The coronavirus pandemic, already transforming the world's most famous monarchy, has people wondering: Will we ever see Queen Elizabeth II – the oldest and longest-serving British sovereign ever – out and about in public again?
The question may seem academic to many Americansbut for the United Kingdom it is all too relevant. Some commentators are worried about whether the "crown" virus hobbles the Crown in a country where the monarchy is crucial to the functioning of government and culture, and the sovereign is the living link between its people and their past.
Slowly, some of Britain's top royals are starting to emerge from pandemic lockdown (and their Zoom screens) to resume in-person engagements – with important alterations: Fewer indoor events, no shaking hands, no walkabouts in crowds, and six feet of social distancing at all times. And so far, no masks, at least not in photos.
Last week, Prince Charles the Prince of Wales, 71, (who's already recovered from the virus) and his wife, Duchess Camilla of Cornwall, 72, visited a hospital in Gloucestershire and welcomed visiting French President Emmanuel Macron in London. Everyone greeted each other with the palms-together-bowed-head namaste gesture that long ago became Charles' signature.
Also last week, Charles' elder son, Prince William of Cambridge, 38,went to King's Lynn in eastern England to visit an ambulance service , and dropped in at a bakery in the high street to talk about the pandemic effect on small businesses and to collect a cake for his birthday on Sunday.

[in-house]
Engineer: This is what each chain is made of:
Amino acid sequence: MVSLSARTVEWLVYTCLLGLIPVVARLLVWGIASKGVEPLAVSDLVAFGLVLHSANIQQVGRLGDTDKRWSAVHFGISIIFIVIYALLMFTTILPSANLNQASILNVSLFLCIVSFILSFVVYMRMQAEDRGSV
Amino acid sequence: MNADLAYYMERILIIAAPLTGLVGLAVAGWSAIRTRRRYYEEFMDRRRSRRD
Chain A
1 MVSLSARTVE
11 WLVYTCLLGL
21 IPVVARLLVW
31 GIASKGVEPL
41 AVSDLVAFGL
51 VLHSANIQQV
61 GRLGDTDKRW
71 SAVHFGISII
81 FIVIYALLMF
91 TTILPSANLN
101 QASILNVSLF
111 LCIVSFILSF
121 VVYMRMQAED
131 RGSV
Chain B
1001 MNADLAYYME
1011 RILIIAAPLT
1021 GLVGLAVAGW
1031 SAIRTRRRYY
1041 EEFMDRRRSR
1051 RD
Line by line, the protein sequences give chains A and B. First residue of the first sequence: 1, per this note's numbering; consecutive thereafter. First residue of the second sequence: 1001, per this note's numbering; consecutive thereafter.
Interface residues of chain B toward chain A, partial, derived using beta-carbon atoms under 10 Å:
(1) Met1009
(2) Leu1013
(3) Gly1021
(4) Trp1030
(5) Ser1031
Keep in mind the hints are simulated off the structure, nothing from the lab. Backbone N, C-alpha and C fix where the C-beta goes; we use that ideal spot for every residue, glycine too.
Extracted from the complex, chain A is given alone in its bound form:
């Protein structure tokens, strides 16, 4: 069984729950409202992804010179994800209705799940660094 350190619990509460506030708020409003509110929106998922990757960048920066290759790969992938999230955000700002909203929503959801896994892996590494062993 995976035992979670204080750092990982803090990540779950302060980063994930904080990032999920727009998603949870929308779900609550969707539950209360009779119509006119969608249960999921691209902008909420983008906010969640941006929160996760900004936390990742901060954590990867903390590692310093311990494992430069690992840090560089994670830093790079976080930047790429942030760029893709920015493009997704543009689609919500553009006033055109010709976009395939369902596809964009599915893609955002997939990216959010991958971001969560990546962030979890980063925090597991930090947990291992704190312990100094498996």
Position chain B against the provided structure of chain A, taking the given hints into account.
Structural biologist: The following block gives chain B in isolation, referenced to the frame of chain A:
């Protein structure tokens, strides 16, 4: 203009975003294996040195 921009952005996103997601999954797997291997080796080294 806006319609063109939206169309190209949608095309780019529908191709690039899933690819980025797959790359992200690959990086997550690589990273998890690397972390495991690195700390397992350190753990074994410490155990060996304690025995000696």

And on Friday, Will's wife, Duchess Kate of Cambridge, 38, who's been seen only on video for the last few months, went to a garden center in Norfolk in her first in-person engagement since the lockdown.
So far, the queen, who just turned 94, has not emerged from Windsor Castle where she has been self-isolating since mid-March. She couldn't even attend her favorite racing meet, Royal Ascot, this week – for the first time in her 68-year reign.
Will she ever return to the job she has carried out faithfully for all these decades?
Andrew Morton thinks not. The British journalist, best known for revealing the rancorous collapse of the marriage of Prince Charles and Princess Diana, claimed recently that the pandemic has done more damage to the monarchy than the 17th-century English Civil War (which resulted in the execution of one of the queen's predecessors).
“The brutal truth is that her reign is effectively over. COVID-19 has done more damage to the monarchy than Oliver Cromwell," Morton told The Daily Telegraph. "Corona has practically put Charles on the throne...It’s terribly sad but I can’t see how the queen can resume her job."
Victoria Arbiter, CNN's royal commentator and the daughter of a former press secretary to the queen, is skeptical. "In my view, he's vastly overstating the situation," Arbiter says. "The queen is very much still running the business of the monarchy."
"(Morton) has a crystal ball not available to anybody else," sniffs Sally Bedell Smith, the American acclaimed biographer of multiple royals, including the queen.
"It's really premature to say she's going to withdraw like (her great-great grandmother) Queen Victoria from all public appearances....Unless she gets ill in one way or another, when it's appropriate she will resume her duties when she can. She's still in good health."